Florida Southern College’s Lawton M. Chiles, Jr., Center For Florida History has announced the speakers for its popular Florida history lecture series, which includes experts on writer Marjorie Kinnan Rawlings, architect Frank Lloyd Wright and the environmental movement in Florida.
“Due to the growing profile of the series, we have again been able to attract excellent speakers,” said James Denham, the center’s director.
Sept. 14: Ann McCutchan
Author Ann McCutchan begins the monthly series on Sept. 14 in Branscomb Auditorium as she discusses her book “The Life She Wished to Live: A Biography of Marjorie Kinnan Rawlings.” Rawlings is the author of the beloved books “The Yearling,” which won the 1939 Pulitzer Prize for fiction, and “Cross Creek.”
Denham describes the book as “the story of a tough, passionate, and independent woman who refused the early 20th-century conventions of her upbringing, Rawlings found her voice in the remote hardscrabble life of Cross Creek, Fla. Between hunting alligators and managing an orange grove, Rawlings employed her sensitive eye and philosophical spirit to bring to life an unknown corner of America in vivid, tender detail.”
Oct. 5: Clay Henderson
On Oct. 5, sixth-generation Floridian Clay Henderson will take the Branscomb Auditorium stage to discuss land conservation in the Sunshine State. Henderson drafted or sponsored many of the environmental provisions in the Florida Constitution, including the creation of the Florida Fish and Wildlife Conservation Commission and the Everglades Trust Fund.
His 2022 book, “Forces of Nature: A History of Florida Land Conservation,” details Florida’s place as the launching point of the American conservation movement. It also describes the people and organizations that made the Sunshine State a leader in conservation and preservation, including William Bartram and John Muir, who inspired the movement to create national parks and protect the country’s wilderness, along with Marjory Stoneman Douglas and May Mann Jennings.
Nov. 16: Jeff Baker
Mark your calendars for Nov. 16, when New York architect Jeff Baker will discuss Frank Lloyd Wright and the Florida Southern College campus in the historic Annie Pfeiffer Chapel.
“Baker has led the restoration efforts of the Frank Lloyd Wright campus at Florida Southern College since 2007. He has overseen the full realization of the Waterdome based on Wright’s original design, and performed meticulous restoration of the Esplanades, Annie Pfeiffer Chapel, and the Planetarium,” Denham wrote. “The Usonian House, the Carole and Marcus Weinstein Computer Sciences Center, and the currently under construction Adams Athletic Performance Center are only a few of the buildings Baker and his firm Mesick, Cohen, Wilson & Baker, have helped erect in accord with Wright’s design for Florida Southern.”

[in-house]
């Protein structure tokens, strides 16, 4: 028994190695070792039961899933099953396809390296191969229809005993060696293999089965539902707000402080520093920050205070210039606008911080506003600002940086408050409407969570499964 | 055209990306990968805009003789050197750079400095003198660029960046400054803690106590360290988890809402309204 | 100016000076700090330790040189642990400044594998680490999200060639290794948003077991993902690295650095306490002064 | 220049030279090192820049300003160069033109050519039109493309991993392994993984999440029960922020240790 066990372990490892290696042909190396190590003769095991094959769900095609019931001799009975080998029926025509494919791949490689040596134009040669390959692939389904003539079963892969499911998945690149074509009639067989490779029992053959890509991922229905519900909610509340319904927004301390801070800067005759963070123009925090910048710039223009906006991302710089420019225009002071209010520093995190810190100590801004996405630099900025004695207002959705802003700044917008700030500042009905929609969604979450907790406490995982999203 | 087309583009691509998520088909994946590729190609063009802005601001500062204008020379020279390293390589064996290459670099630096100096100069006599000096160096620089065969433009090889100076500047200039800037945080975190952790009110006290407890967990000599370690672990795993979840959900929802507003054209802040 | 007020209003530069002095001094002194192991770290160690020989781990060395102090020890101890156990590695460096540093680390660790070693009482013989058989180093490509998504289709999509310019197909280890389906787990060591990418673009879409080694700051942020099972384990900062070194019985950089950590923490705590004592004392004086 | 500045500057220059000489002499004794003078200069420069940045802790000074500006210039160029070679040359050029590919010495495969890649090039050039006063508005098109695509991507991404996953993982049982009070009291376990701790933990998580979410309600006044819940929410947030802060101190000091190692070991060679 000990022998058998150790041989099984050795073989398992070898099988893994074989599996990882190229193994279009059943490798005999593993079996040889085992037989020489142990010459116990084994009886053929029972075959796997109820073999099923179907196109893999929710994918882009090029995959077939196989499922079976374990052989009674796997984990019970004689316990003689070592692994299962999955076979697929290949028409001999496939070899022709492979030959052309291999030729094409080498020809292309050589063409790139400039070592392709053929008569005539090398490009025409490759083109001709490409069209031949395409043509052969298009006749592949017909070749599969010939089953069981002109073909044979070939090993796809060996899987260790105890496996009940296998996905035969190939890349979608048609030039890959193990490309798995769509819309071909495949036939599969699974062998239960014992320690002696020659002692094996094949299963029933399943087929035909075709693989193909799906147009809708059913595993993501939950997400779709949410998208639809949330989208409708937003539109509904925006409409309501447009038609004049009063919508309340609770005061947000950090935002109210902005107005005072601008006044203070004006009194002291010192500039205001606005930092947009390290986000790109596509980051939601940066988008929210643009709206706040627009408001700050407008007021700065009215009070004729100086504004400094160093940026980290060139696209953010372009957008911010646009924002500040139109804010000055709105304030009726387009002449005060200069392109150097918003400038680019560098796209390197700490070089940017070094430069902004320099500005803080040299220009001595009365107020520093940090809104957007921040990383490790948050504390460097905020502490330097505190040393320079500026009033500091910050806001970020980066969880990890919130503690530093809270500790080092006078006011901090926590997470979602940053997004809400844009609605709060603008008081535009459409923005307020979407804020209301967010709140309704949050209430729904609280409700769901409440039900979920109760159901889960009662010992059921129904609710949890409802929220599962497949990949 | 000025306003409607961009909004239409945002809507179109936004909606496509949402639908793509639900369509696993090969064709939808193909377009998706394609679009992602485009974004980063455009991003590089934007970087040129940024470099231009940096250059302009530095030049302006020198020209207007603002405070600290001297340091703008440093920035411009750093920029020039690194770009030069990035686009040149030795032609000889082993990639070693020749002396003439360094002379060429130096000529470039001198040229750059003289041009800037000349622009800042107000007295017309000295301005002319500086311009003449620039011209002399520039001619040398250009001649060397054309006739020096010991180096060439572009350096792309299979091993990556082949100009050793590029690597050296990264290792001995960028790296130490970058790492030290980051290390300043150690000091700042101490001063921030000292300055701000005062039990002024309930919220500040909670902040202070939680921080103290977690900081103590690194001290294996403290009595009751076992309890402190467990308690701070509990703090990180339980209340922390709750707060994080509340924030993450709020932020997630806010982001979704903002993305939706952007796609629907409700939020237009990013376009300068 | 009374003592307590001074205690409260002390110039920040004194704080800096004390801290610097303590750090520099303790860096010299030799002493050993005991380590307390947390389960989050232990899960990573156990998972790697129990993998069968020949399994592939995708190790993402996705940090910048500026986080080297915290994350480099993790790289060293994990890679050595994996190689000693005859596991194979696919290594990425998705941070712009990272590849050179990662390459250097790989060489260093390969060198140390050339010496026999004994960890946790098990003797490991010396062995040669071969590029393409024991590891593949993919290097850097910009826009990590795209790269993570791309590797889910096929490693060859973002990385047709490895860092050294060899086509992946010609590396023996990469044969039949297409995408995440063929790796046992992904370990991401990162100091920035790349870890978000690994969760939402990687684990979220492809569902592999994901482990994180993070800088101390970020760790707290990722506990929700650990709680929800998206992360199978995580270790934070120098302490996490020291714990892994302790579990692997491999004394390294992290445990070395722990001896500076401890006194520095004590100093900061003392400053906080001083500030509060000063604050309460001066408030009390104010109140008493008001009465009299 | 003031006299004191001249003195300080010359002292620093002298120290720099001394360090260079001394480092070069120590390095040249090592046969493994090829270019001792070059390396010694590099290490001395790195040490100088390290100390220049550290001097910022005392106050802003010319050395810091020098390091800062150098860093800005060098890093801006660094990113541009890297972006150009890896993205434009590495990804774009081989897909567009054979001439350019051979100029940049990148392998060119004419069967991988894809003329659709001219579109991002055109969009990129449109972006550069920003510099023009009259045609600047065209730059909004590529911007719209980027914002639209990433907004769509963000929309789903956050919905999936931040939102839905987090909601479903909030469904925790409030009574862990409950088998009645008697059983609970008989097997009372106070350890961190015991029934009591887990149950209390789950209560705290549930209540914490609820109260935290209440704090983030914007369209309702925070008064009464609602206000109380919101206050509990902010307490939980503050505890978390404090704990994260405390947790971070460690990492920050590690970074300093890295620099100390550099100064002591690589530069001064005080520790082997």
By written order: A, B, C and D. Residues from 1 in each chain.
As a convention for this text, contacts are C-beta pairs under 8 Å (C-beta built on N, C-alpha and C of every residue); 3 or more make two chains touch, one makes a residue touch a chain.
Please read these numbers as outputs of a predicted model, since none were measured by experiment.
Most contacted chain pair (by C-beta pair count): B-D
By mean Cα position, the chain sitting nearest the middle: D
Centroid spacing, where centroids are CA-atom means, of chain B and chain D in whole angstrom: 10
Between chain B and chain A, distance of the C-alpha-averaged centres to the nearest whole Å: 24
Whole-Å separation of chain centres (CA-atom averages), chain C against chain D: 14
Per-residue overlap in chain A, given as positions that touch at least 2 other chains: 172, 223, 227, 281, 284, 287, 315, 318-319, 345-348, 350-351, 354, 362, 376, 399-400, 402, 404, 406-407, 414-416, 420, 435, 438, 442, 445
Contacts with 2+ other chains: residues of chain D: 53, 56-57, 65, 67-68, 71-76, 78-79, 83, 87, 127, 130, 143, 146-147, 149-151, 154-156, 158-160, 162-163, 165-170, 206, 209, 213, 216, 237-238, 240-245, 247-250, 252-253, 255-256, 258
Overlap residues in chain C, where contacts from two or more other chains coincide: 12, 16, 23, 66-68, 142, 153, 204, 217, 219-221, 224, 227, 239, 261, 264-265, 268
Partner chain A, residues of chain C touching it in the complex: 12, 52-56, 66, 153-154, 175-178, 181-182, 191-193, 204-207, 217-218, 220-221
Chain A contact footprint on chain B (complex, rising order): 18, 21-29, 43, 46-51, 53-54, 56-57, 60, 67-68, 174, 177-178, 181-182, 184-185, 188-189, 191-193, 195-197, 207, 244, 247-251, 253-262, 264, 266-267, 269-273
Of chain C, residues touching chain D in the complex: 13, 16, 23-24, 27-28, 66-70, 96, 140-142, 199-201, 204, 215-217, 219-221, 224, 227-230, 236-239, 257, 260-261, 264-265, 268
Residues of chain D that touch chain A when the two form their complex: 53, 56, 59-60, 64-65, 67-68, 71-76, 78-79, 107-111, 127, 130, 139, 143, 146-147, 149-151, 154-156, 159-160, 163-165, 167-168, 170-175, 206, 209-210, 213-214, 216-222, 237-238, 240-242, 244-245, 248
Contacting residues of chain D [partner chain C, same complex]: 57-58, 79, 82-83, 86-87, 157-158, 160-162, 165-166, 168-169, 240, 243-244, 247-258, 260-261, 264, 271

Denham said Baker has also performed restorations on dozens of other significant historic buildings, including such national treasures as Thomas Jefferson’s Monticello, James Madison’s Montpelier, and the President’s House at the College of William and Mary in Williamsburg, Va. — founded in 1693, one of the oldest universities in the country.
Jan. 18: Christophe Boucher
After a break in December, the series picks up again on Jan. 18 when Christophe Boucher will be in the Hollis Room to talk about “The Fort Caroline Experience: French Colonial Ambitions in La Florida.”
The Spanish settled St. Augustine in 1565, making it the oldest continuously inhabited European settlement in North America. They set up shop in response to a French Huguenot settlement on the St. Johns River, Fort Caroline. The Spanish eventually destroyed Fort Caroline and massacred its inhabitants, but not before the French sent some of the first detailed artwork of Native Americans in their daily pursuits to Europe.
Boucher, associate professor of history at the College of Charleston, is a specialist in Native American history, Atlantic world history, and French colonial America.
Feb. 8: Andy Huse
The most controversial lecture this year might be Andy Huse’s on Feb. 8 in Branscomb Auditorium when he discusses the history of the Cuban sandwich from his 2022 book “The Cuban Sandwich: A History in Layers.”
Denham states that Huse’s book, co-authored with Jeff Houck and Barbara Cruz “is a fine social history behind how this delicacy became a lunch-counter staple in the U.S. and beyond,” and weaves in a history of Tampa, as well.
Houck is an expert on Tampa culinary history, having written “From Saloons to Steakhouses: A History of Tampa” and “The Columbia Restaurant: Celebrating a Century of History, Culture and Cuisine.”
March 28: Douglas Brinkley
The final lecture in the series on March 28 will see renowned American historian Douglas Brinkley return to Florida Southern’s Branscomb Auditorium. He will discuss the Florida aspects of the 1960s environmental movement from his latest book, “Silent Spring Revolution: John F. Kennedy, Rachel Carson, Lyndon Johnson, Richard Nixon, and the Great Environmental Awakening.”
It is the third installment of his environmental history of America series and tells the story of “an indomitable generation that saved the natural world under the leadership of” Kennedy, Johnson, and Nixon.
Brinkley wrote two other works on America’s environmental movement: “Wilderness Warrior: Theodore Roosevelt and the Crusade for America” and “Rightful Heritage: Franklin D. Roosevelt and the Land of America.”
All lectures begin at 7 p.m. and are free and open to the public. The series is sponsored this year by Historic Lakeland Inc., FSC alumnus Walter W. Manley, II, the family of Robert and Rose Stahl and WUSF Public Media. The programs will also be available on the FSC YouTube channel.
SEND CORRECTIONS, questions, feedback or news tips: firstname.lastname@example.org